The Basilica of Saint Mary Major, one of the four great ancient basilicas in Rome, was founded in the 4th century. This church stands on the Esquiline hill and its bell tower is the tallest in Rome. The pilgrim who comes to venerate the Virgin Mary in this ancient Catholic Basilica, dedicated in her honour, will hardly experience the same emotion of the previous pilgrims who, by going up the Esquiline hill, were able to see the Church separated from the city, rising over palaces and homes. Indeed, the building back then was not as solemn as the present one, nor as majestic as the one from the Vatican hill, built by Constantine over Peter’s tomb. However, it prevailed in its dimension and, above all, in the purpose for which it was built- it was dedicated to the Holy Virgin Mary, Mother of Jesus and Mother of all men. The Basilica of Saint Mary Major owes its true beginnings of history to a particular event and one man. The Ecumenical Council of Ephesus (431) is the event where Mary was officially declared the Mother of God. The man is Sixtus III, the Pope who, several years after this declaration was made, wanted a Church to be dedicated to the Virgin Mary and to be built on the Esquiline hill. After more than 1,500 years and despite the additions and modifications in the interior and exterior, the Basilica is fundamentally the one of Sixtus II. It is the the most significant Marian interest in Rome. It is the first, the greatest, the largest, and the most important Church dedicated to the Mother of God, the “Theotokos.”
To the modern pilgrim who enters the Basilica of Saint Mary Major, it proves to be difficult, if not impossible, to associate the temple with the early paleochristian church. Nonetheless, the space, the mosaics of the walls and the façade of the apse are the antique ones. The surface and the wood ceiling immediately strike the visitor’s attention due to its richness and beauty. The first one is a cosmos like style and although it has been restored various times, it is for the most part the original of the 12th century. The wood ceiling comes from the 15th century. One tradition, without documented proof, states that the gold used for the golden decorations of the ceiling were donated by queen Elizabeth of Castilla.
The Legendary Tale
The narration of the construction of the first church has legendary origins. The story was told by Friar Bartolomé de Trento in the 13th century. The friar narrated that a rich and pious Roman senator named John and his wife, unable to have any children, had thought of donating their goods and properties to the Church. The night between the 4th and 5th of August of 358, the Virgin Mary appeared in their dreams to John and Pope Liberio, asking them to dedicate a Basilica on the place where snow would fall that night. The next morning, the rich senator and the Pope headed towards the Cispio where precisely that night of August it had snowed prodigiously. In this place, Pope Liberio, before the presence of a great multitude of faithful, traced over the fresh snow the plans for the future church, according to the tradition of the previous arquitects who before beginning the building of a building, would draw the project over the sand to true scale. That building, precisely in honour of Pope Liberio was also designated “Liberiano” and as a remembrance of the event of August 5th, the liturgical feast of the Virgin Mary is celebrated in Rome and venerated under the title of “Our Lady of the Snow.”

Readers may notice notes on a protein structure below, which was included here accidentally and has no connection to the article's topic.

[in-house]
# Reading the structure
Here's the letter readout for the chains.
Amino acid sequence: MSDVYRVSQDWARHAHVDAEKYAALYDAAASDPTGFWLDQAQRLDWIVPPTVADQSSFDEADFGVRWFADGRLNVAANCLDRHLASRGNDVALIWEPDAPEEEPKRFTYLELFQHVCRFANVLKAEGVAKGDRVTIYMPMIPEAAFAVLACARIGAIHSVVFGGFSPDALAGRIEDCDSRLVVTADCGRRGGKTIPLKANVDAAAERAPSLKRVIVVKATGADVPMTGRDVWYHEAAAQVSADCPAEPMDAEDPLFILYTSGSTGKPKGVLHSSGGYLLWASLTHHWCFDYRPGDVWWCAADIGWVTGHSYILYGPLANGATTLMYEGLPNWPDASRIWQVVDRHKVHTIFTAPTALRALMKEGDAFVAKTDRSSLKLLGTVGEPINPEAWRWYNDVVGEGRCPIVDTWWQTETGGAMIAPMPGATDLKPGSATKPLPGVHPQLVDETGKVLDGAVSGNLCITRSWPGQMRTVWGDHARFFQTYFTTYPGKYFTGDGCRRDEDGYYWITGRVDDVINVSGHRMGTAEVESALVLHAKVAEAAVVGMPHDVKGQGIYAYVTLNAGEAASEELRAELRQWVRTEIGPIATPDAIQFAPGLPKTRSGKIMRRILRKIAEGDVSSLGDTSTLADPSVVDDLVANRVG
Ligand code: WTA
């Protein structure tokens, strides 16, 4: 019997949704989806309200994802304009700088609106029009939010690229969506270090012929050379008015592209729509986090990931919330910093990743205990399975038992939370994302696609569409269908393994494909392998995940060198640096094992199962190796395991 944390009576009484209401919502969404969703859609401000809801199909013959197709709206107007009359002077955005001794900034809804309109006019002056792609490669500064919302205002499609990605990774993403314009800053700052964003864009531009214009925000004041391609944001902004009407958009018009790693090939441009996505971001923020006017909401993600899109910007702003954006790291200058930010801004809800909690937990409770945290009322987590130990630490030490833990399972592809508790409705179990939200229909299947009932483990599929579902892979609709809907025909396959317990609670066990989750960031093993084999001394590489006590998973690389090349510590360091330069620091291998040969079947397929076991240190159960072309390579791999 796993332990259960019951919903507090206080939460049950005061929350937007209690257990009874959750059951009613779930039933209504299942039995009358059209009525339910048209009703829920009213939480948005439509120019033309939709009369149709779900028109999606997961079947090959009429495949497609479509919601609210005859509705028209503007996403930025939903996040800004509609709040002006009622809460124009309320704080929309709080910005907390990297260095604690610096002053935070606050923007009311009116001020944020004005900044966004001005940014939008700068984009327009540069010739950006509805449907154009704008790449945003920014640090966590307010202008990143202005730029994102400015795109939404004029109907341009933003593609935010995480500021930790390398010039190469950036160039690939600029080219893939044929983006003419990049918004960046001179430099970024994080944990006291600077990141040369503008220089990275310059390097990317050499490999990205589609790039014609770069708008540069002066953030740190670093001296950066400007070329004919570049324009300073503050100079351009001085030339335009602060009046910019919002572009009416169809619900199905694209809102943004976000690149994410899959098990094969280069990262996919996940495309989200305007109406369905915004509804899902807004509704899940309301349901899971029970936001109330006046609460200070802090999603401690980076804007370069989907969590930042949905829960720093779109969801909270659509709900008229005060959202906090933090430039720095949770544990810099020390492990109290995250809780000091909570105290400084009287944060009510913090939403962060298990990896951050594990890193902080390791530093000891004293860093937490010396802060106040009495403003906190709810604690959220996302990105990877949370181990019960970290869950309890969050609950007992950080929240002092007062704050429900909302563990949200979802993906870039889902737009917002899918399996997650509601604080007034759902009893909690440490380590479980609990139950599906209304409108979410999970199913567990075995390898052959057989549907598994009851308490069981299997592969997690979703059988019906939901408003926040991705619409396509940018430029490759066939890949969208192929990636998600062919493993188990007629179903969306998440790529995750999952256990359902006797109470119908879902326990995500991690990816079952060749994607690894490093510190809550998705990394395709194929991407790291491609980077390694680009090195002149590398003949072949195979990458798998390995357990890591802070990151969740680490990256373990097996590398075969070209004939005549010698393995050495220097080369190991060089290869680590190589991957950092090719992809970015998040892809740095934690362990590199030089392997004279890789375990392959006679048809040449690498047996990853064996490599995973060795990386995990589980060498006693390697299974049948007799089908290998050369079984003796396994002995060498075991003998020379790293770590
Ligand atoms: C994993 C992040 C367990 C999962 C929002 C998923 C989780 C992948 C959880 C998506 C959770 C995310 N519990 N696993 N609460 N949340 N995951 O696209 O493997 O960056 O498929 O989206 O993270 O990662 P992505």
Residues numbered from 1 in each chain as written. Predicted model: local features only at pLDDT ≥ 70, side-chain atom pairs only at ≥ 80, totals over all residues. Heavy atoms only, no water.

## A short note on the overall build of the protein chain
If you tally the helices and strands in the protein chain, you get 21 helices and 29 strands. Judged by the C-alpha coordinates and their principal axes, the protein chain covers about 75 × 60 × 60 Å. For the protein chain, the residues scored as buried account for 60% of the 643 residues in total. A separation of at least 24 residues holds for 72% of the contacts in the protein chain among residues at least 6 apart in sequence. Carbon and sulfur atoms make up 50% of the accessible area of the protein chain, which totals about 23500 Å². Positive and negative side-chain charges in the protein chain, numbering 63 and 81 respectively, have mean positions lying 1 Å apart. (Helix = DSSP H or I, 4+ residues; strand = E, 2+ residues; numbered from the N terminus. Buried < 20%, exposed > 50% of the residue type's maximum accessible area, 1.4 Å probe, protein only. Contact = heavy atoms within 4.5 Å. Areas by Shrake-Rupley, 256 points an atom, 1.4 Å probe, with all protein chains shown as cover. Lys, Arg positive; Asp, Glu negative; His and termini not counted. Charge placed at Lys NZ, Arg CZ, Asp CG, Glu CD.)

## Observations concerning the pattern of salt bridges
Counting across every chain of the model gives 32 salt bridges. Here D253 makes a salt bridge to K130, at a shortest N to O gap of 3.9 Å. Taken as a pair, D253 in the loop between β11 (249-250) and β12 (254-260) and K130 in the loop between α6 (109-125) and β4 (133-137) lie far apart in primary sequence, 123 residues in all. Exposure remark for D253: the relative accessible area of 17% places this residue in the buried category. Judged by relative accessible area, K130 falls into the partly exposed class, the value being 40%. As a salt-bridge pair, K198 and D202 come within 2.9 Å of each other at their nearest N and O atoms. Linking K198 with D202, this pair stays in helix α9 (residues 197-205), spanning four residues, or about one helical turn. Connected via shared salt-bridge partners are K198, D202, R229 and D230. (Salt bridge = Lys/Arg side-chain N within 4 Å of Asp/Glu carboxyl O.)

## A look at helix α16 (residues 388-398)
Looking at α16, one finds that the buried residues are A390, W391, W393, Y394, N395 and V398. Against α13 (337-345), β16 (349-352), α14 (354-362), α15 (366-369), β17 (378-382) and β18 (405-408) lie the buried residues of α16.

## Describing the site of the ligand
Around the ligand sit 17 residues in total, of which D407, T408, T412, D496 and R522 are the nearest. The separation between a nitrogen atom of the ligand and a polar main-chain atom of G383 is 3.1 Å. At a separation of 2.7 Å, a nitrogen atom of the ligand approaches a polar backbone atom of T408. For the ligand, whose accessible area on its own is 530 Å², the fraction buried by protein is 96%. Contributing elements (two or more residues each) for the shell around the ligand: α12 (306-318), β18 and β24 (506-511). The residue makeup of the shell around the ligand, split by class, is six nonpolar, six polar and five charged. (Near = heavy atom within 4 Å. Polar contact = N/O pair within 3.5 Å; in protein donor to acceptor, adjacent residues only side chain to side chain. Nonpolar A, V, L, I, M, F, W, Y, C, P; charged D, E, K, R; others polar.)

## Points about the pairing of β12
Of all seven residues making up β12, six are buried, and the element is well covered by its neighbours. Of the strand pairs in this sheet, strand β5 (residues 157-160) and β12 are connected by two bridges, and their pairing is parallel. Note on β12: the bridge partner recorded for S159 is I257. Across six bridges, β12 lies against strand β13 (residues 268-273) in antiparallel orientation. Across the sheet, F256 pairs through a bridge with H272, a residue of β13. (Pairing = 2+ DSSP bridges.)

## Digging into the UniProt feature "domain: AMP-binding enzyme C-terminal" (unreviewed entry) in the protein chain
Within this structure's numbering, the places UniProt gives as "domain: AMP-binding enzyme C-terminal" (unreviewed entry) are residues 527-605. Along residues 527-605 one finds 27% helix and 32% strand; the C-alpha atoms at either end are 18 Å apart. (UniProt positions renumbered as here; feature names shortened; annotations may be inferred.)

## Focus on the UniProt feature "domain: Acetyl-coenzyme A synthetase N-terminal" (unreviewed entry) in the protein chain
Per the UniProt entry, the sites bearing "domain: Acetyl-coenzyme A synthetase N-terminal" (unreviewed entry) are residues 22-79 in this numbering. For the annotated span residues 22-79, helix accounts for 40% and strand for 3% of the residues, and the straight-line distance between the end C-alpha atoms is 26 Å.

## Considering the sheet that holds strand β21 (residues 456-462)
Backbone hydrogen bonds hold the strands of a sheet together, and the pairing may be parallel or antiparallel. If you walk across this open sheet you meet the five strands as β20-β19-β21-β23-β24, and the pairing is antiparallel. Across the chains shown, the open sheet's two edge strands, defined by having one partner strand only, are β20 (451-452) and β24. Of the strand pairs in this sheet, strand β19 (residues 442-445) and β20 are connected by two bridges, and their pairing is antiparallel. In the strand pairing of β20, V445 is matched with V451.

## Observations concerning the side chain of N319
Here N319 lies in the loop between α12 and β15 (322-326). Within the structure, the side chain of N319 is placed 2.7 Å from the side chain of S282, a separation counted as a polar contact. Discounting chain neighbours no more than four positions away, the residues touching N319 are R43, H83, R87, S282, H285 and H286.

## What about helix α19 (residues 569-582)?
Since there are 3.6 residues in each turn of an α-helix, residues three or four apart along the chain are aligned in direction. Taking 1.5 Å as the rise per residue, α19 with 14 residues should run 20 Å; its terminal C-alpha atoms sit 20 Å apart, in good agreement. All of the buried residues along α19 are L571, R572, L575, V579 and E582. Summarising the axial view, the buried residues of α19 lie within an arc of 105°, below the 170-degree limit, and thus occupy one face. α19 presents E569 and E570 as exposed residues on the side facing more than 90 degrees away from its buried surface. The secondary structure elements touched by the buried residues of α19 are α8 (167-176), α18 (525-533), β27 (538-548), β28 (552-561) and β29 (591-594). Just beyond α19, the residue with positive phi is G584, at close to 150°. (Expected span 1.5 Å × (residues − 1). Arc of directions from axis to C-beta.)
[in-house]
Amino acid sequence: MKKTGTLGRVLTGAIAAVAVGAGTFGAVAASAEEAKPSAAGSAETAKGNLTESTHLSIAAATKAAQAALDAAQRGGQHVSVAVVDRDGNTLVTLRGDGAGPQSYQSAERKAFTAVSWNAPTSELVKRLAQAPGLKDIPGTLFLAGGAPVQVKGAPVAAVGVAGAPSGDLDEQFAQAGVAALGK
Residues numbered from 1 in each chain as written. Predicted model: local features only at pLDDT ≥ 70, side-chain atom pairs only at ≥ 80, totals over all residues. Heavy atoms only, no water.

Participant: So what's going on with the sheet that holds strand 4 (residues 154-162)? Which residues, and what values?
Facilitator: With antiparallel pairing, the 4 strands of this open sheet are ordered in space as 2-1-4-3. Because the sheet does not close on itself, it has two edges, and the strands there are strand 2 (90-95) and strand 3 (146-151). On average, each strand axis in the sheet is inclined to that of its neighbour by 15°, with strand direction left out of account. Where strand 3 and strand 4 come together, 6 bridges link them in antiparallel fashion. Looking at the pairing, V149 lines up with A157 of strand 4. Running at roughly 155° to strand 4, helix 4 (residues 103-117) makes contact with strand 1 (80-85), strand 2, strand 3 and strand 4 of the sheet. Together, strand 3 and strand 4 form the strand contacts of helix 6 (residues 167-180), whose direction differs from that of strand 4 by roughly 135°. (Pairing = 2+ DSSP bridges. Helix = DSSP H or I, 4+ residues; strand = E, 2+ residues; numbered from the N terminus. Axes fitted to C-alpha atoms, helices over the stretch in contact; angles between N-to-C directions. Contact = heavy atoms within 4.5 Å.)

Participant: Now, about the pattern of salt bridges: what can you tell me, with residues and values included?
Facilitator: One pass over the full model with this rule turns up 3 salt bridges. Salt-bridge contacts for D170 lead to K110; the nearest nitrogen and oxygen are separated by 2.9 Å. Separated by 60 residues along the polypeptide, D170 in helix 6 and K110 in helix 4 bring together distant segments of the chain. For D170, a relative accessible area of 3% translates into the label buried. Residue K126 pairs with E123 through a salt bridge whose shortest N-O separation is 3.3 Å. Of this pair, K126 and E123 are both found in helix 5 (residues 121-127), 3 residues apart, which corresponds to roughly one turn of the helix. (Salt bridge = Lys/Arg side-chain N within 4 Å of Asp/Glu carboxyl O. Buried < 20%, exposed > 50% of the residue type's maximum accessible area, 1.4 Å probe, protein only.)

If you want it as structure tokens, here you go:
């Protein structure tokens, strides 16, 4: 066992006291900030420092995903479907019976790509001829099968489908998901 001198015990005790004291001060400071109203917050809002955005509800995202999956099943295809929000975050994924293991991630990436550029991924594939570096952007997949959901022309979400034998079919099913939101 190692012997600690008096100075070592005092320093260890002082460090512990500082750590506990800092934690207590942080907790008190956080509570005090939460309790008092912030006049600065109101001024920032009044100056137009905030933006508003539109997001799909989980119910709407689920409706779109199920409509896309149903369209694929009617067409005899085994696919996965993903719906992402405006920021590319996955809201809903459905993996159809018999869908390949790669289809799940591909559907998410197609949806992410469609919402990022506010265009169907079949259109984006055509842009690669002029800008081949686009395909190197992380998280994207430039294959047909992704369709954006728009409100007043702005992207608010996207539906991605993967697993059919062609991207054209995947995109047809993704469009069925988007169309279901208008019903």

The Virgin Mary “Salus Populi Romani”
The beautiful icon known under the title of “Salvation of the People of Rome” is one of the images that tradition attributes to the evangelist Saint Luke and is certainly one of the most venerated in Rome. According to one legend, Saint Luke was a painter and amongst the images painted by him, there was a painting of the Virgin Mary. That is why many artists have represented the evangelist painting the sweet face of the Mother of God. The legend comes as a result that Saint Luke, among the evangelists, is the one who narrates more amply the birth of Jesus and in this context, speaks of the Mother of the Saviour. There are many icons attributed to Saint Luke. The Virgin of the Basilica of Saint Mary Major is considered the “Virgin Mary of Saint Luke.” In reality, the icons attributed to him have all been done in the Middle Ages. It is said that the popes and the people of Rome, in the serious moments in its history, had entrusted themselves to a miraculous image. This image, although it is impossible to establish its author and the year it was completed, is an “icon,” that is, the tangible expression that from generation to generation has been a means of communication with the Virgin Mary. In this way, the image, apart from its historic-artistic value, brings to mind the devotion to the Mother of God from hundreds of generations and the trust they have placed in her intercession before her Son from whom she obtains liberation from evil and the biggest calamities.